Graham Ruthven looks ahead to the biggest game in US soccer and the significance a win will hold for either side
Proper football stadiums are easier to come by in MLS than they once were.
‘Soccer-specific stadiums,’ they’re called, distinguishing them from the cavernous NFL venues or ill-angled ballparks some teams used to call home in the early days of the league. There are now 13 such stadiums in MLS, but few are quite like BMO Field.
It should be noted that as a multi-use stadium, used for rugby and the occasional gridiron football game, the Toronto venue isn't technically listed as a so-called soccer-specific stadium. But try making the point the recently expanded and renovated BMO Field isn’t built for football when the MLS Cup final rolls into town this weekend. Toronto FC and the Seattle Sounders are two clubs, and two fan bases, that will make the most of that.
Toronto’s supporters certainly showcased themselves in the whirlwind 5-2 win over Montreal Impact to make it to the MLS Cup final. The sold out crowd was a driving, if somewhat intangible, factor in Gregg Vanney’s side coming from behind to make it past their Canadian rivals, almost sucking the ball into goal at times.
Of course, as a club that regularly packs out the 67,000-capacity CenturyLink Field, the Seattle Sounders won’t be short of travelling support, contributing to what will be a frenzied atmosphere in close to freezing conditions. Two big clubs boasting two big fanbases will fight it out for the biggest prize in North American football.
BMO Field in 2015 during Manchester City's preseason game against Toronto FC. Image: Vaughn Ridley EMPICS Sport
It could be said that both Toronto and Seattle find themselves in a relatively similar place before Saturday’s game. For so long, they have been maligned as two of MLS’s most tediously tragic teams, struggling to match off the field stature with on the field success, now they are finally realising their potential. The prize that dangles in front of both sides is the same - fulfillment.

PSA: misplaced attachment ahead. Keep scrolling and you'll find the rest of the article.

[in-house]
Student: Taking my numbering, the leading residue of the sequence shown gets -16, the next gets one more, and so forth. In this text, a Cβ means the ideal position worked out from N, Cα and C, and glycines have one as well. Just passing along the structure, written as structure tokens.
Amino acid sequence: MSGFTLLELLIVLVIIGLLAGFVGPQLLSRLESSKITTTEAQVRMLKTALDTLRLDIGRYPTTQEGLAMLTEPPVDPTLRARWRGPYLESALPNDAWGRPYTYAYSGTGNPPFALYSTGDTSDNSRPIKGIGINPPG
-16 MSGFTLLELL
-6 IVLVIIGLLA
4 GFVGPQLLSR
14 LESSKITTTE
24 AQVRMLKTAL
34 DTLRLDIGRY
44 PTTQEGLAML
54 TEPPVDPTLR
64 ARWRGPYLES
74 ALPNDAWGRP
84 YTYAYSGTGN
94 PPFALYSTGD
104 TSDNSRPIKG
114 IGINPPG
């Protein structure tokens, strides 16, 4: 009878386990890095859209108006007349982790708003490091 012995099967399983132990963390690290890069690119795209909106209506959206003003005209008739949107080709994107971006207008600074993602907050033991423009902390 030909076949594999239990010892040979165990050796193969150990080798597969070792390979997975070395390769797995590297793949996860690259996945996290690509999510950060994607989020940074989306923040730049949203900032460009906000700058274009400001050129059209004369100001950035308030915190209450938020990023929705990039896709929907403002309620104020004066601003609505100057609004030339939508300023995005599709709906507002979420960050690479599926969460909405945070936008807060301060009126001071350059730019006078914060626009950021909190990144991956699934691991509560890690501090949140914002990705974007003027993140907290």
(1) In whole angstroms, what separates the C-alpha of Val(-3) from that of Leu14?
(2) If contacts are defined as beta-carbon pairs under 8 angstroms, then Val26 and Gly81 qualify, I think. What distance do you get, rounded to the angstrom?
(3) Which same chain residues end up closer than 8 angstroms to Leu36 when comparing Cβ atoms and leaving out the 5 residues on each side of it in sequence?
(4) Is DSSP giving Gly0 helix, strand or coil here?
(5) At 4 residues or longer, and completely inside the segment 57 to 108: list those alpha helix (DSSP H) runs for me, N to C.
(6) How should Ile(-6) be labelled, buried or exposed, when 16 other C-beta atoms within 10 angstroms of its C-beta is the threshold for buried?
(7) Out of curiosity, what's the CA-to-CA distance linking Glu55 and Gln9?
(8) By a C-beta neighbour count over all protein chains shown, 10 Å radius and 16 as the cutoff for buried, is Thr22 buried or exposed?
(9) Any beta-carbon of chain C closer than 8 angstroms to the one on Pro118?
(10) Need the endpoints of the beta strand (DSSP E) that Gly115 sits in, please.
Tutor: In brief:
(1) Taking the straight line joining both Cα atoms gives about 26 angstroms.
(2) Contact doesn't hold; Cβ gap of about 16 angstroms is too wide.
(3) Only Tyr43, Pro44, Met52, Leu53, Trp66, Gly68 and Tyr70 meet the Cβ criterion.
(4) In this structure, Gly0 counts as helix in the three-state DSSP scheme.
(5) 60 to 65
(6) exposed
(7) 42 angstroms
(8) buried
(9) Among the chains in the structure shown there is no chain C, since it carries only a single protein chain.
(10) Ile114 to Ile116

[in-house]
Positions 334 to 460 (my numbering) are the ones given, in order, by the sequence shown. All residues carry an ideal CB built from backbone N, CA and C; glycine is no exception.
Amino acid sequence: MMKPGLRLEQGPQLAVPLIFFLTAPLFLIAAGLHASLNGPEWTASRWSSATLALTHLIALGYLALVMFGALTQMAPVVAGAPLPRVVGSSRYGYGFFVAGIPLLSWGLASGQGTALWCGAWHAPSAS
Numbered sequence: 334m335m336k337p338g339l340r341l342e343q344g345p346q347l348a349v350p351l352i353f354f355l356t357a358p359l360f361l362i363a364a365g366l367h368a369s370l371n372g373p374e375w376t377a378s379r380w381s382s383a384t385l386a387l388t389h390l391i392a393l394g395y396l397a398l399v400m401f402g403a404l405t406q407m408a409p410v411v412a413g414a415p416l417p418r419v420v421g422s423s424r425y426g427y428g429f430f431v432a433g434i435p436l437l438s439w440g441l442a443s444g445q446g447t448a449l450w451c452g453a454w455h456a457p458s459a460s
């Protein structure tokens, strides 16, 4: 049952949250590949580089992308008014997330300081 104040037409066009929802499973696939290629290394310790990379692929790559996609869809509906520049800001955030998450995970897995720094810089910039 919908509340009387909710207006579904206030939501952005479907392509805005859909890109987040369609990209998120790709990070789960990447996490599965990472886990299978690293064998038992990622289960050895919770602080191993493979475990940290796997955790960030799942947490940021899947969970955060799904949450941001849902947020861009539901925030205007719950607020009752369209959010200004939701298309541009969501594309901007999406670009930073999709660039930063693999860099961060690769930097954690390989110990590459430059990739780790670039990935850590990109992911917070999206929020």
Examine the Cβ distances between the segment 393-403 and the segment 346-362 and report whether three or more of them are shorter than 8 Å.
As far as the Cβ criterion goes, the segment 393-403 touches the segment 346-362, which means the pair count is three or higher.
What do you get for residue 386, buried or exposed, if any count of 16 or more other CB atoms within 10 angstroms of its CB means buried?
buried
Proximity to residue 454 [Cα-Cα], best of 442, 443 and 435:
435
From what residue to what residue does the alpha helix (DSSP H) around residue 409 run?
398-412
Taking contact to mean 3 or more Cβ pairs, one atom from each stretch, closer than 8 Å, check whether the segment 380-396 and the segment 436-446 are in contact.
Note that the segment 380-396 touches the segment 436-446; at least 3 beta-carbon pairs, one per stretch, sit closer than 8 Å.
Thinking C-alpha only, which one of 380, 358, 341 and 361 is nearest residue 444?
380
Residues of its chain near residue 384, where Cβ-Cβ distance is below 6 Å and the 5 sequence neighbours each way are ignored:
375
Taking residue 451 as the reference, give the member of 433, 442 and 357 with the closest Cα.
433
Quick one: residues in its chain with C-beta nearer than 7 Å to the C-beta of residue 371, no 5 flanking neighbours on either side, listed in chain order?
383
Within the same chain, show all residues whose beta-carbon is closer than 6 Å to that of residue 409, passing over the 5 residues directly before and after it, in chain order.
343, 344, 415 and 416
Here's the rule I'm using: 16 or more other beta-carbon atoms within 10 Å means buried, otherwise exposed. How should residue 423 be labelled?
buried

After a season which lacked a defining narrative, there are now plenty plots and storylines to unpick ahead of Saturday’s MLS Cup final. Seattle’s astonishing late season streak, winning 12 from 19 games since the sacking of Sigi Schmid in July, has raised debate over the validity of the regular season, with the Pacific North-westerners exploiting MLS’s playoff format. Discussion over Toronto has focused on their star players, and how they are finally delivering.
This weekend’s match at BMO Field could have a rather profound bearing on the North American soccerscape. Toronto and Seattle have the resources to use an MLS Cup win to install themselves as established challengers, much in the same way the LA Galaxy did over the Bruce Arena years. This Saturday could prove to be a catalyst for either club. There’s a lot more than just a shimmering piece of silverware up for grabs.
MLS, just like any other North American sporting league, talks frequently about marketplaces and audience. In that regard, Toronto FC and the Seattle Sounders have always been considered clubs ripe for mainstream growth. Supporters of the latter would claim they are closer to achieving that, but for all their sold out crowds and impressive shirt sales, the Sounders have underachieved, having never before made it to an MLS Cup final.
Toronto, however, is a much more fickle market when it comes to the support of its football team. BMO Field hasn’t always been the red-hot cauldron it was in the Eastern Conference final win over Montreal last week, but the city has embraced their team’s playoff run this season. 7,000 additional seats have been installed for the MLS Cup final, with the club even exploring the possibility of adding more.
The hope in Canada is that Saturday’s game will be to Toronto what the 1994 World Cup was to the USA, taking football to the masses in a city that doesn’t always embrace its sports teams.
However, winning teams with big names and big results naturally find it easier to attract fans, and there are certainly plenty of fans waiting to be found in Toronto. A lucrative market doesn’t always result in a successful club (see Chicago Fire), but Toronto are closer than ever to finally joining up the dots.
Over 2,000 miles separate the two cities, but there will be a lot to link Toronto and Seattle this weekend. Momentum has carried both teams all the way to the MLS Cup final, but they have much more than just form behind them. For both of them, Saturday could prove to be something of a watershed.